The Other McCain

"One should either write ruthlessly what one believes to be the truth, or else shut up." — Arthur Koestler

It’s Kinda Hard to ‘Work the Refs’ When the Refs Are Playing for the Other Team

Posted on | May 4, 2011 | 2 Comments

One of my habits is re-reading good books. Any book worth reading is worth re-reading, and there are some books that I have read multiple times, including William Shirer’s Rise and Fall of the Third Reich, Edmund Burke’s Reflections on the Revolution in France, and P.J. O’Rourke’s Parliament of Whores.

Another habit, picked up during my college days: I always prefer to read while lying down. When I was in college, I’d take my textbooks to bed with me, fall asleep reading them, wake up and read some more until I fell asleep again. I’d sometimes spend most of the weekend like that, reading and napping all day, only leaving my dorm room to go eat lunch, until it was time to go out and party at night.

All of which is preamble to saying that I was re-reading Ann Coulter’s Slander last night when I went to bed. It had been a while since I first read it — it was published in 2002 — and I had almost forgotten how good it is. People who only know Coulter as a TV personality, trading snark with Hannity and O’Reilly on Fox News, ought to take time to read some of her books. She is a much better writer than most of her critics give her credit for, and probably even better than most of her fans realize.

Coulter’s writing is often aphoristic: She writes brilliant little sentences that hit the nail square on the head. At her best, she strikes those hammer blows in succession — bam! bam! bam! — and keeps it up for page after page. Such is the case with the seventh chapter of Slander, “The Joy of Arguing With Liberals: You’re Stupid!” Coulter cites example after example of how the media attacks Republicans with accusations of stupidity. Not only is her chapter-length reiteration of this theme laugh-out-loud funny, but it’s absolutely true: The pervasive belief among the liberal media that Republicans are stupid can be seen (although Coulter does not make this argument) as the flip side of liberal certainty of their own superiority. Liberalism as an expression of such superiority is what Thomas Sowell describes so cogently in The Vision of the Anointed: Self-Congratulation as a Basis for Social Policy (one of my all-time favorite books).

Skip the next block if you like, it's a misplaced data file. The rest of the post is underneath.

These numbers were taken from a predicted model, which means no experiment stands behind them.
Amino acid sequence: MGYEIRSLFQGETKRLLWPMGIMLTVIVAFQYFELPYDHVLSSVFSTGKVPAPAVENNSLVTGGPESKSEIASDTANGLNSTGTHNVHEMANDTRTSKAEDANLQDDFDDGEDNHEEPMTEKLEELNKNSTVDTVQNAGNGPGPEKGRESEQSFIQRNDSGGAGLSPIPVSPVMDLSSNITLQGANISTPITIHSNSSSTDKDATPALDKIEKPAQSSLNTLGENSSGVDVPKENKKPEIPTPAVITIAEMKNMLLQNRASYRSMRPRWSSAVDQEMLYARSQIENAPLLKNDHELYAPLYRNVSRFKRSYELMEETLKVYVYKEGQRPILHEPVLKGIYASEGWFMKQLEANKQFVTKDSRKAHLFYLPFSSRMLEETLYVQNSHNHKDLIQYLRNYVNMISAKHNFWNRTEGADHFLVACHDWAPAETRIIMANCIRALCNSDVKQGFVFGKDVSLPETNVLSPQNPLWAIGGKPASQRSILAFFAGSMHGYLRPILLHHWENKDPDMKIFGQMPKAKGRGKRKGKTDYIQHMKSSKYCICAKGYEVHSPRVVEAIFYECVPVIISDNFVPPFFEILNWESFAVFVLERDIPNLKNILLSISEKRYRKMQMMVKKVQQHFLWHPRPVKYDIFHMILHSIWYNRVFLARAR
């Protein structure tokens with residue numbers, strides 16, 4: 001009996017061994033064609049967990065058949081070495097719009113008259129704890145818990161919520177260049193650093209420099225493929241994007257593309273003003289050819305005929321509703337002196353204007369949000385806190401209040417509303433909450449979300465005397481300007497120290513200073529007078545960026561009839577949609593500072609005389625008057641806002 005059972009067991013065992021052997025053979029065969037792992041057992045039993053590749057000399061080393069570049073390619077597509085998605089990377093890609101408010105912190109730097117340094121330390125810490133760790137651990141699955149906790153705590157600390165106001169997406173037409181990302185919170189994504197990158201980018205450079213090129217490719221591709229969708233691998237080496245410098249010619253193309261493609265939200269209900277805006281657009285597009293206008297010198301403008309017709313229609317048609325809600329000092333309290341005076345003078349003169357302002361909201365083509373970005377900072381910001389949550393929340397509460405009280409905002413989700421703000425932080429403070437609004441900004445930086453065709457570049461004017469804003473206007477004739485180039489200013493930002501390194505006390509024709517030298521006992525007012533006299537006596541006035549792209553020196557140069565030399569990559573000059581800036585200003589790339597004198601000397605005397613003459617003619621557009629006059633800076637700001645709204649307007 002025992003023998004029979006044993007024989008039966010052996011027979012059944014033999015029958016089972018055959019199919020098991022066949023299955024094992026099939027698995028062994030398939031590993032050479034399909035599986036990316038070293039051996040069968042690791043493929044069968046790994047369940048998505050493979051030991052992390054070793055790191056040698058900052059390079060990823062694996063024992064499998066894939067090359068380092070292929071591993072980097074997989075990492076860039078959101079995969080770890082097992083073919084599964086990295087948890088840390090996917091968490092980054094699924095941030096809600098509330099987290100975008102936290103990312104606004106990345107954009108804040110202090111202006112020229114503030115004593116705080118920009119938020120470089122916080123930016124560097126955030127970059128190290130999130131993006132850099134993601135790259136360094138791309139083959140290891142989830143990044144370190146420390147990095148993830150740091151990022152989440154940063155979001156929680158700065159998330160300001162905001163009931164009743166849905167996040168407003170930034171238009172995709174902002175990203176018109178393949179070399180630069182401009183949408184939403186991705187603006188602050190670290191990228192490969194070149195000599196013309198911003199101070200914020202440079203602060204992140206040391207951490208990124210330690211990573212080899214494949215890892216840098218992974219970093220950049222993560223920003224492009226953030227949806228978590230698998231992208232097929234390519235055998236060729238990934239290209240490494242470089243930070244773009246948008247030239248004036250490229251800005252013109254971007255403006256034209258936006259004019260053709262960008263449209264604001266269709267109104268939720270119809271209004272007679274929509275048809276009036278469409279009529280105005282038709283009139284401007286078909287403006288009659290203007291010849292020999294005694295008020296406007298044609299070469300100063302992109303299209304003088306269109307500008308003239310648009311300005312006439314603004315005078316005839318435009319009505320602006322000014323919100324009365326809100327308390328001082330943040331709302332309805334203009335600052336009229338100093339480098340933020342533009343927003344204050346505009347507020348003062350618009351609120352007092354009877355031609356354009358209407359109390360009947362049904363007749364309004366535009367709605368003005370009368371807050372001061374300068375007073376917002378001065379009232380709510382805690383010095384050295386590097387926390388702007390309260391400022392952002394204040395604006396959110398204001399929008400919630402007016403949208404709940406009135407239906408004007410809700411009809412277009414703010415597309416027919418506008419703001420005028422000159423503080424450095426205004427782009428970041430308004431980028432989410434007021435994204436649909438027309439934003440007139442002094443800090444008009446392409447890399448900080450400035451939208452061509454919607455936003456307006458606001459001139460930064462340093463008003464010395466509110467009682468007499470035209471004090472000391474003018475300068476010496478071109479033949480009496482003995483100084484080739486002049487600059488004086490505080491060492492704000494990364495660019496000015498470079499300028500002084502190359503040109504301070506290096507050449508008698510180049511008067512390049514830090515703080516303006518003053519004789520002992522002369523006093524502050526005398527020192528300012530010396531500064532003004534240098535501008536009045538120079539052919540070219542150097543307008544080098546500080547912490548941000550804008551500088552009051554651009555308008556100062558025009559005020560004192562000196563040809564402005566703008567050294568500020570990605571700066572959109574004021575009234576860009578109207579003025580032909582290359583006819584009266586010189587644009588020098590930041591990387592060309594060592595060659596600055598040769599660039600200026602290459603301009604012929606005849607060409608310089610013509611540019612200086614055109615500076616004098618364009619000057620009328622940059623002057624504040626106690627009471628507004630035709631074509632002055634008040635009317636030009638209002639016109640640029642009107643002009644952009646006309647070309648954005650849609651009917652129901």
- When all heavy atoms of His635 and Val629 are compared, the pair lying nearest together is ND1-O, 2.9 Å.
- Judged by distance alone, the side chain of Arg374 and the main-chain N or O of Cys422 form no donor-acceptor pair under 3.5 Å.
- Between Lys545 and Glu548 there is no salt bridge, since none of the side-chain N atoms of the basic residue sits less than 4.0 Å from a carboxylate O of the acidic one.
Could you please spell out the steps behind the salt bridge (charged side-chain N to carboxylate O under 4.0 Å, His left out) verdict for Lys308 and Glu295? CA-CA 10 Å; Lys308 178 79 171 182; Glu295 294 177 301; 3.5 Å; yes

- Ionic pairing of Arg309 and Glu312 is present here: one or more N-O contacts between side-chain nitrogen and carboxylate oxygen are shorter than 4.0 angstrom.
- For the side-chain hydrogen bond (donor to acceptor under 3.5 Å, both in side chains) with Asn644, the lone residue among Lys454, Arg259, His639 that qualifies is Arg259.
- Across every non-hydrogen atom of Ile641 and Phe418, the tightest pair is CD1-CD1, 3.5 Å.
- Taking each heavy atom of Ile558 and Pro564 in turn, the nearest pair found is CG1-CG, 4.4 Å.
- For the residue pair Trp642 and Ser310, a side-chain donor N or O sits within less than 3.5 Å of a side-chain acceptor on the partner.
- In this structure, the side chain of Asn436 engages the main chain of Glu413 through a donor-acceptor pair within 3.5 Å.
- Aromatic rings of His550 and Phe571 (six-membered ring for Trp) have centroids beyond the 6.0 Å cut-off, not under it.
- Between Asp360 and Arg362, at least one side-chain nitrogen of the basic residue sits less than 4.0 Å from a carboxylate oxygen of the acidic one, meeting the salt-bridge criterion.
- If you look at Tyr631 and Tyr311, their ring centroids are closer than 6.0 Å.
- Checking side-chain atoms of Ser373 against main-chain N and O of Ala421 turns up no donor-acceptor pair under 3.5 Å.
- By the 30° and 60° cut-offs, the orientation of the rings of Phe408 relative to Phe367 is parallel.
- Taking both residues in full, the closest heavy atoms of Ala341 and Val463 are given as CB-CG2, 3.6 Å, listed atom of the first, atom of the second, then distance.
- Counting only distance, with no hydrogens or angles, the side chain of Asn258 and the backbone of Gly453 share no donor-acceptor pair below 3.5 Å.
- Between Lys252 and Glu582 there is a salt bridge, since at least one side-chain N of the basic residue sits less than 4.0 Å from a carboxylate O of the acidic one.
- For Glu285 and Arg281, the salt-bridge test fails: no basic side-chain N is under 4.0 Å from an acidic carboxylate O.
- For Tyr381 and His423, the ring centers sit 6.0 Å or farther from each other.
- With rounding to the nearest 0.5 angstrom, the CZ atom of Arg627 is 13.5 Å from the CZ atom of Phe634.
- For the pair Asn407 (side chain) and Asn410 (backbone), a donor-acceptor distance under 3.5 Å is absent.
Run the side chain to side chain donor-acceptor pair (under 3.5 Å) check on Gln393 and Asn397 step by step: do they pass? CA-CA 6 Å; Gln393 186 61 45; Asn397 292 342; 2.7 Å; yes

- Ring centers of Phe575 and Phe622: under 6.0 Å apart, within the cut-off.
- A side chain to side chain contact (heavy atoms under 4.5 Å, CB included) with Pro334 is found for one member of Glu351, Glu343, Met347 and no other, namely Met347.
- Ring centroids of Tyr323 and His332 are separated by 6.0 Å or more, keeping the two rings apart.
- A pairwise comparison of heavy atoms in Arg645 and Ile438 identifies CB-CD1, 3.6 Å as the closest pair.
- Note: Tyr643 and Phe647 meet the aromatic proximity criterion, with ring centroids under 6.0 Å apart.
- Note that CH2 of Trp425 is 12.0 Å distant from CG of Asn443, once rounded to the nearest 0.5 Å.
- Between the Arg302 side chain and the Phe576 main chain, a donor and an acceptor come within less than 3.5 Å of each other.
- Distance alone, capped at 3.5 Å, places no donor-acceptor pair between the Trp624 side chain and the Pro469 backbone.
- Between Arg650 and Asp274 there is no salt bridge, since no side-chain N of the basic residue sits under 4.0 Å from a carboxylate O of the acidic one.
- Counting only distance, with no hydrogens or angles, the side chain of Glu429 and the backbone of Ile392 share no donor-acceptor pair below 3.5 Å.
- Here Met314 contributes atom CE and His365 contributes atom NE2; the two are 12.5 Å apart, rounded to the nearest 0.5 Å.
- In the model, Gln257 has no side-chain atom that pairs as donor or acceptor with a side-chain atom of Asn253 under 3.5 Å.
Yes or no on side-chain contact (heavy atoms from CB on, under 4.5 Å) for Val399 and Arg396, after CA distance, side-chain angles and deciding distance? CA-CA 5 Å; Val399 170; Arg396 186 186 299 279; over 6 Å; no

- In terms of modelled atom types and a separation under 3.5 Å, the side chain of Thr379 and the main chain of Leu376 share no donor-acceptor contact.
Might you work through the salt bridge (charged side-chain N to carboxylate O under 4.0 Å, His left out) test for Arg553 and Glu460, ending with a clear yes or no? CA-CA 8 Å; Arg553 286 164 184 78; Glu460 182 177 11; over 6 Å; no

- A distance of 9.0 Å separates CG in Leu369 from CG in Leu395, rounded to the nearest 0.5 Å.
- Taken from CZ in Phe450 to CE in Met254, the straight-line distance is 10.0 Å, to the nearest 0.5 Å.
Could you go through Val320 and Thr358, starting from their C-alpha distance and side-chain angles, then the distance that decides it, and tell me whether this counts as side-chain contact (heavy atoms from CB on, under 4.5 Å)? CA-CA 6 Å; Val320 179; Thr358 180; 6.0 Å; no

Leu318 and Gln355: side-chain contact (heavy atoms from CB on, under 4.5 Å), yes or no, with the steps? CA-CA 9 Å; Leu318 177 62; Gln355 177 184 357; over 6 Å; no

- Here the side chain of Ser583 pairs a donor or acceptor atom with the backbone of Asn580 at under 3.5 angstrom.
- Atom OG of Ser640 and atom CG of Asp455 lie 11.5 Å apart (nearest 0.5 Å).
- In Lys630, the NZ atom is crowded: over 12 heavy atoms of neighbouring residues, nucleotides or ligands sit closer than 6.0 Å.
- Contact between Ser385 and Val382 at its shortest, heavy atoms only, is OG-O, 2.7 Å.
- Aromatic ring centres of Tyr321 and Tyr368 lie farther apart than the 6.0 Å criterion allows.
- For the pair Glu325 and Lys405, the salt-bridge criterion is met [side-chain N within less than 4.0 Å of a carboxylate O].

These kinds of beliefs — the unquestional superiority of liberals, the equally unquestionable stupidity of conservatives — are propagated not only by the news media, but also by Hollywood and academia, and to some extent operate as a self-fulfilling prophecy. If you are told over and over again that Democrats are the party of brains, and you fancy yourself to be brainy, it takes a heckuva rebellious instinct to vote Republican.

Given the pervasiveness of liberal bias in the news industry, entertainment, book publishing and academia, it’s really kind of a miracle that Republicans ever win anything. To complain about this bias is utterly futile, in terms of actually changing anything: Even if newspapers fired all their biased liberal reporters and editors, they would not be able to replace them with conservative reporters and editors, for the simple reason that 90% of journalists are liberals, perhaps reflecting the biases of their college professors.

No use complaining with the expection of changing this, you see: CBS replaces the biased Katie Couric with Scott Pelley who is, if anything, even more biased. And everyone in the CBS newsroom is convinced that any conservative who complains is stupid, merely because they’re conservative.

Well, OK, we’re complete dimwits, but despite our stupidity, some of us can nonetheless discern what bias looks like: Ace of Spades observes the presidential double-standard in action — read the whole freaking thing, including the comments.

Has it occurred to anyone else, by the way, that Ace of Spades could probably write a best-selling book? I mean, he’s averaging 120,000 page-views per day. I’d guess that translates to a core readership of 15,000-20,000, and he could almost certainly sell 10,000 books on that basis alone. A couple of appearances on Fox News (sitting on the Fox & Friends “curvy couch” or hanging out with Greg Gutfeld on Red Eye), interviews on a couple dozen talk-radio shows, and so forth — yeah, the marketing would be a snap.

Put it another way: Is there any liberal blogger with that kind of traffic who doesn’t have a book deal? I’m just sayin’ . . .


Comments are closed.